Where Is Oil Going? You Won't Care if You Own These 3 Energy Stocks.

Oil prices are notoriously volatile. Over the past year, they have gone from a peak above $90 a barrel to a low point in the $60s. That volatility can have a significant impact on the earnings produced by oil companies.

However, some oil stocks are much less susceptible to the ebbs and flows of crude prices. Midstream giants Enterprise Products Partners (NYSE: EPD), Oneok (NYSE: OKE), and Enbridge (NYSE: ENB) stand out to a few Fool.com contributors for the overall stability of their earnings, since they don't have much direct commodity price exposure. You won't care too much about oil prices if you own these pipeline stocks.

Enterprise Products Partners generates cash through the cycle

Reuben Gregg Brewer (Enterprise Products Partners): Oil and natural gas prices rise and fall dramatically over time. But demand for these fuels, which are vital to the global energy system, tends to remain fairly robust regardless of energy prices. After all, people still need power even when economic activity is weak. That's why master limited partnership (MLP) Enterprise Products Partners is such a reliable income investment.

Enterprise owns the energy infrastructure that helps to move oil and natural gas from where it is produced to where it gets used. It largely gets paid for the use of its assets. The price of the commodities flowing through its system is far less important than demand for those commodities. The best example of how reliable Enterprise's business is? The 25 years of annual distribution increases it has provided to unitholders.

That streak is backed by an investment grade-rated balance sheet. And the MLP's distributable cash flow covered its distribution by a robust 1.7 times in 2023, leaving plenty of room for adversity before there's a risk of a distribution cut. To be fair, Enterprise's 7.1% distribution yield is going to make up the lion's share of returns here. But add in distribution growth of just 3%, which is pretty reasonable to expect in the future, and you've gotten to a 10% return. That's the kind of story both income investors and growth investors (perhaps reinvesting that big yield) could get behind.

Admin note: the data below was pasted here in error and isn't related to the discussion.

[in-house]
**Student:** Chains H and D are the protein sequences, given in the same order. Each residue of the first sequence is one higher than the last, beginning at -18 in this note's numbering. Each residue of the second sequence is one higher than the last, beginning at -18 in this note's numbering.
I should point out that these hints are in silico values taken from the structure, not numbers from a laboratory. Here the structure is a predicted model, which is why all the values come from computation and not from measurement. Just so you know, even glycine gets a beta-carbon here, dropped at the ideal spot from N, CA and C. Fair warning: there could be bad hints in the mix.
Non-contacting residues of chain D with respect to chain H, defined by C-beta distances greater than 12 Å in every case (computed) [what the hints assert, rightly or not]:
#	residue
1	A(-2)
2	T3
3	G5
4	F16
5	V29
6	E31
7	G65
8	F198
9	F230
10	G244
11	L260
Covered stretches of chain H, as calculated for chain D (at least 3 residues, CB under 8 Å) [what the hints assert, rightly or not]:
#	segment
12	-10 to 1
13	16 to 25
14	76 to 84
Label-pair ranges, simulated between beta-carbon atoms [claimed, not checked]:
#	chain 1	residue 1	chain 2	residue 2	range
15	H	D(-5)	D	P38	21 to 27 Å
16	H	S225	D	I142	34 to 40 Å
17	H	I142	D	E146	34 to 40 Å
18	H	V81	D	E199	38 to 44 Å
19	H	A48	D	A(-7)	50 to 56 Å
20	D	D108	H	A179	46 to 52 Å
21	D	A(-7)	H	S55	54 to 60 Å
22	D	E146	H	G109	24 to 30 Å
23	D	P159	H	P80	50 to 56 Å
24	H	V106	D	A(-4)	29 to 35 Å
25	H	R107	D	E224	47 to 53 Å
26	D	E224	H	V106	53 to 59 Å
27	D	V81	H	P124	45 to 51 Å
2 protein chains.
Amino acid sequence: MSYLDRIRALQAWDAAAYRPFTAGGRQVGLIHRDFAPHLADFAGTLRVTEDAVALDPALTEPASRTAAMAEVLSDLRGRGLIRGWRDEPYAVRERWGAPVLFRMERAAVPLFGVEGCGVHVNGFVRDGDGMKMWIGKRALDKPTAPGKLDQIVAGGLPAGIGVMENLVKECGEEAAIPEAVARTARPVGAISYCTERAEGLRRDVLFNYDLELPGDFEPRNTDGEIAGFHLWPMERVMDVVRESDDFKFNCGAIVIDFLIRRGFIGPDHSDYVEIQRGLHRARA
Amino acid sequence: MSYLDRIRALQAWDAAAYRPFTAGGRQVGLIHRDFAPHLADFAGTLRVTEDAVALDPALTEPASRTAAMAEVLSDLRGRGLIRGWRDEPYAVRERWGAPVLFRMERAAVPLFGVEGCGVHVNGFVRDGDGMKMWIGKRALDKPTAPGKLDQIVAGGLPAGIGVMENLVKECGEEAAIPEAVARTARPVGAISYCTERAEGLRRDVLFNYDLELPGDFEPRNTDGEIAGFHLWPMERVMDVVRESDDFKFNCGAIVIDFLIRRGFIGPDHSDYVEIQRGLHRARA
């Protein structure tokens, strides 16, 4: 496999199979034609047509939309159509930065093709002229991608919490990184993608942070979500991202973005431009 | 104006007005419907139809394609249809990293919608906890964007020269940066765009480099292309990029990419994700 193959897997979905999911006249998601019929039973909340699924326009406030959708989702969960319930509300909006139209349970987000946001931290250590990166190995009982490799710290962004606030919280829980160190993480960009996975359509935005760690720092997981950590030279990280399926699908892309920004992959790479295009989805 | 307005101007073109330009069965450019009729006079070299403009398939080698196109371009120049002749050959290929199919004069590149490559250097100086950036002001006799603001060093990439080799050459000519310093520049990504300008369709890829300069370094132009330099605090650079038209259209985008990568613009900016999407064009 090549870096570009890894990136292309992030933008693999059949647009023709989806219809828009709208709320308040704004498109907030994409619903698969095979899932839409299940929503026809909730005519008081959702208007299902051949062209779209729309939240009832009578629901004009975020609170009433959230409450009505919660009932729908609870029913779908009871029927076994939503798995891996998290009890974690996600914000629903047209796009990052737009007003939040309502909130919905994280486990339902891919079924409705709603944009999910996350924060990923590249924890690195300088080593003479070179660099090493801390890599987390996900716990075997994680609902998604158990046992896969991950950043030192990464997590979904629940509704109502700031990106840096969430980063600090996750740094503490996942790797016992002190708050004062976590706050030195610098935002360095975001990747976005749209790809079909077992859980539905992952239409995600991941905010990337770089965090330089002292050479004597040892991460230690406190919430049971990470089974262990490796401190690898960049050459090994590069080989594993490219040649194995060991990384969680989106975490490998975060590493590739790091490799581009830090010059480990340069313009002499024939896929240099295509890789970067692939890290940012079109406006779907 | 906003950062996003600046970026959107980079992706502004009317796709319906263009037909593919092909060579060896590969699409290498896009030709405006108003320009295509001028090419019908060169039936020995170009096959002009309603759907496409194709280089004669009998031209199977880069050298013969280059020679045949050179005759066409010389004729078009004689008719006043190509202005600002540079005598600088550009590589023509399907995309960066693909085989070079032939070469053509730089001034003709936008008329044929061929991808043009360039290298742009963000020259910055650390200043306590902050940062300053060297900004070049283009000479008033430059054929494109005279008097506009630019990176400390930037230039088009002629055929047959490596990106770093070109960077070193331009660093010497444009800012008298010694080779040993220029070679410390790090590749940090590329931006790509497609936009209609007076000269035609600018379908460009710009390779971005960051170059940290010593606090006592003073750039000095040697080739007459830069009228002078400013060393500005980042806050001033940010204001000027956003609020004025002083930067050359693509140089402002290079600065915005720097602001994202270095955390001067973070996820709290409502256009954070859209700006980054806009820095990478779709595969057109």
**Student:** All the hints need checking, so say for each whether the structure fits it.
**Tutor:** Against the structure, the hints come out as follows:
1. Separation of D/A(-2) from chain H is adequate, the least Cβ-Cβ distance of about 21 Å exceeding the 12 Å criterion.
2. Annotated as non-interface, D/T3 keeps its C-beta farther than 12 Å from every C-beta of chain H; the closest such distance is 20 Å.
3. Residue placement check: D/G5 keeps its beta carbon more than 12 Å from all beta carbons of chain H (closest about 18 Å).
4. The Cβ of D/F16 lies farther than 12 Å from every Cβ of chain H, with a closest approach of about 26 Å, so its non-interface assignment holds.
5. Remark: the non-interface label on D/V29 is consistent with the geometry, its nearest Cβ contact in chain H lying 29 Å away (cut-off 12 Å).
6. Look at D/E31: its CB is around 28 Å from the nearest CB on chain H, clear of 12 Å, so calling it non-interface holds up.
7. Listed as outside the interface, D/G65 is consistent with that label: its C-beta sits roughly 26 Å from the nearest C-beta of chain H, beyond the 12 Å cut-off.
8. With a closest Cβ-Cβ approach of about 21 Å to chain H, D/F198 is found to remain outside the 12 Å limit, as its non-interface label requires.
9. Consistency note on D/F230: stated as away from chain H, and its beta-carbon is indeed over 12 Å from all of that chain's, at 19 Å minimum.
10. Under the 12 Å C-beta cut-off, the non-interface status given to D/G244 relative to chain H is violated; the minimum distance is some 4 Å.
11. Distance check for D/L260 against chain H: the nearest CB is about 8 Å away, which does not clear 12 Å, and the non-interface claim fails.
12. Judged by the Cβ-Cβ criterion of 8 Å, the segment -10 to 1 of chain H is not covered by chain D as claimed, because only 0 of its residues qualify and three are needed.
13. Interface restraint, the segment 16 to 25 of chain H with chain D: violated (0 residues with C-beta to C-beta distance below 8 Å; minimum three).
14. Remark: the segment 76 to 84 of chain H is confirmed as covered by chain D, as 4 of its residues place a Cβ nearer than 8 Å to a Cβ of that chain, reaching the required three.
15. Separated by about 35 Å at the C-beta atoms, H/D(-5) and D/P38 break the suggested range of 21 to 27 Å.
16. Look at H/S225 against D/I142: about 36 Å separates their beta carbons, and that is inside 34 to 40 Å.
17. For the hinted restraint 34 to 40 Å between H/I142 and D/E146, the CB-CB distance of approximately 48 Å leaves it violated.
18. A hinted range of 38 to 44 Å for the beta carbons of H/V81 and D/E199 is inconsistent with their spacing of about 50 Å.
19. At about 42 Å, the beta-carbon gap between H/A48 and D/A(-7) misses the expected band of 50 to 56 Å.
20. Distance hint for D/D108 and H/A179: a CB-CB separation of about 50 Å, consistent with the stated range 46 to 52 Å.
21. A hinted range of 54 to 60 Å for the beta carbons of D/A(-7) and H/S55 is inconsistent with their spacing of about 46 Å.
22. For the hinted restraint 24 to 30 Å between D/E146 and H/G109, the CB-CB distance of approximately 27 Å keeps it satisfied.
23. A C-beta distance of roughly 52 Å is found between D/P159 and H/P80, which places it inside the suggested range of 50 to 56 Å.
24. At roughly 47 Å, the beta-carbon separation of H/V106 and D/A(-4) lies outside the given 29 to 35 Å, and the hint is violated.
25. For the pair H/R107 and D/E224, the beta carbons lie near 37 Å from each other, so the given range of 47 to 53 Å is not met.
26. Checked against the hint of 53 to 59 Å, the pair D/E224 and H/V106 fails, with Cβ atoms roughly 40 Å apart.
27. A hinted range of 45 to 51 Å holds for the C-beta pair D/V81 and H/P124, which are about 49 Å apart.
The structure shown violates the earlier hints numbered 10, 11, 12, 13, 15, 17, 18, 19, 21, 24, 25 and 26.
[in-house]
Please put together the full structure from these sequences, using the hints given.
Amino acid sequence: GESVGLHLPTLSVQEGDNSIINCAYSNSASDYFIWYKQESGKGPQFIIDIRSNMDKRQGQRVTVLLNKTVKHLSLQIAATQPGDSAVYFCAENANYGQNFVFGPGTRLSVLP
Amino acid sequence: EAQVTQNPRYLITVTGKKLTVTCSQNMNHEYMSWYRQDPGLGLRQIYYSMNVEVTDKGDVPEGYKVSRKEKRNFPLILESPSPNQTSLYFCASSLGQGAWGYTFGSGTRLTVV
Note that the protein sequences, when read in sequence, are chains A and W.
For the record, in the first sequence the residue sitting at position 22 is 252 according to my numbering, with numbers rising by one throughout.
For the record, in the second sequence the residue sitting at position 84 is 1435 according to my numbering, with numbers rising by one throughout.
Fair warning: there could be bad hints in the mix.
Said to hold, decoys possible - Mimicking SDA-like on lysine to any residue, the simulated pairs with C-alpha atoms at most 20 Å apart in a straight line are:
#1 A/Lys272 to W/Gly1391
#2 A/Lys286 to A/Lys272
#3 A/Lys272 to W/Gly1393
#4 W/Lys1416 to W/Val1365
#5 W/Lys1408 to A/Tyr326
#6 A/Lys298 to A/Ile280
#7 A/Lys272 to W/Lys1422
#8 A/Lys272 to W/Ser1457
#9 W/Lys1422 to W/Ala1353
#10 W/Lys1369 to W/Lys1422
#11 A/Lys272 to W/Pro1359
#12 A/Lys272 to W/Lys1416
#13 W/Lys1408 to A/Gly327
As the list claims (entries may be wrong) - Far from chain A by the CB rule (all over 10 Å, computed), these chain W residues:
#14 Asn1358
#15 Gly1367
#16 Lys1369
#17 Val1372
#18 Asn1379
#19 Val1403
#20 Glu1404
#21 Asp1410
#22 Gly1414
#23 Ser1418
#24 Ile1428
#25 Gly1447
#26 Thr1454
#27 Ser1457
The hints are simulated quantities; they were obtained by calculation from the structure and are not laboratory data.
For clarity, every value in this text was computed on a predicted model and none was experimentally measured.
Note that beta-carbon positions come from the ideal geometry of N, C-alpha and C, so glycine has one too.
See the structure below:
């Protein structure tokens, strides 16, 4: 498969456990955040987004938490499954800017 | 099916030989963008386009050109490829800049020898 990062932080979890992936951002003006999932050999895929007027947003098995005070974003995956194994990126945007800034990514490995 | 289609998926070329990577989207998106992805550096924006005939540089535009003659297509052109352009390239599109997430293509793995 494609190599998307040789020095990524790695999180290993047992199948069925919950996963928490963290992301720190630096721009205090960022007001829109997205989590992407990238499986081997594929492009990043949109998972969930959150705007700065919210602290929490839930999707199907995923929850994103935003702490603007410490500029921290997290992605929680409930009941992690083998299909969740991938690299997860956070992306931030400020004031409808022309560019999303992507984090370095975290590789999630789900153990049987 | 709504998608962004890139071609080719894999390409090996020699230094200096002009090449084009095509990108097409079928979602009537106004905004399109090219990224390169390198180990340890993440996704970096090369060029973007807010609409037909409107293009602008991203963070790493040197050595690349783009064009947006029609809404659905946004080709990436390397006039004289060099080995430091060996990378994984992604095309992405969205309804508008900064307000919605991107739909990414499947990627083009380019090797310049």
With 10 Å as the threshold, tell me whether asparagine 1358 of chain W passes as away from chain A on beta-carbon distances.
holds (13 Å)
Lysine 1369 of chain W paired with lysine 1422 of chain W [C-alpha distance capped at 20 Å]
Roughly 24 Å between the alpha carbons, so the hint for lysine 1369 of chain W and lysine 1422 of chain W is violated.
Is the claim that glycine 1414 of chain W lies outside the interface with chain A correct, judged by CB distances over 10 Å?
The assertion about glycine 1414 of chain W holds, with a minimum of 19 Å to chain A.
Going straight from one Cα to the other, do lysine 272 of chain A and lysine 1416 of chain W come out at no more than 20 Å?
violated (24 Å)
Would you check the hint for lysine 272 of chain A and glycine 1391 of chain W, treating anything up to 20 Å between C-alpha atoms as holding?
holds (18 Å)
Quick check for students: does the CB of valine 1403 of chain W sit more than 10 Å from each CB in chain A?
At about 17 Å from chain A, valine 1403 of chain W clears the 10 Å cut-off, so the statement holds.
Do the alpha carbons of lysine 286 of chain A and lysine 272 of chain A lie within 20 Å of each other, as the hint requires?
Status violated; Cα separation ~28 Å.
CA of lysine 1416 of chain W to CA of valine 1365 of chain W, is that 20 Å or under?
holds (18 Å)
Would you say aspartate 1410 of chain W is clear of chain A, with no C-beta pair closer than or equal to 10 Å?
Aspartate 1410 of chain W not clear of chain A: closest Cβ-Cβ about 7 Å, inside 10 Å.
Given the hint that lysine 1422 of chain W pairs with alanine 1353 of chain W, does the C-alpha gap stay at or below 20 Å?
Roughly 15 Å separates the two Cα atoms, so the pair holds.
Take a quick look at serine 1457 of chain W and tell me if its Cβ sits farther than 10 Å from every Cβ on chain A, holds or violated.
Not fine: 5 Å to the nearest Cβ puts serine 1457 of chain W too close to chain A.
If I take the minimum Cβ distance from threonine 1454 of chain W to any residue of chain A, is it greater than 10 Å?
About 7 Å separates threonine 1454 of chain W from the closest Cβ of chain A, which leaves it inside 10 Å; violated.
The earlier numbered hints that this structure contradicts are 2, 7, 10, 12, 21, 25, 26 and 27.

Built to deliver resilient growth

Matt DiLallo (Oneok): Oneok operates a diversified, integrated midstream system. The company owns 50,000 miles of natural gas, natural gas liquids, refined products, and crude oil pipelines. It also provides a variety of primarily fee-based midstream services to customers. These assets generate very stable cash flow based on the volumes flowing through its network, not the price of the underlying commodities. As long as energy demand grows, the company's earnings should keep rising, which has been the case over the past decade:

A slide showing Oneok's steady growth.

Image source: Oneok.

Oneok's durable business model has enabled it to deliver more than 25 years of dividend stability. While the pipeline company hasn't increased its payout every year, it has grown the dividend by more than 150% over the last decade, leading its closest peers.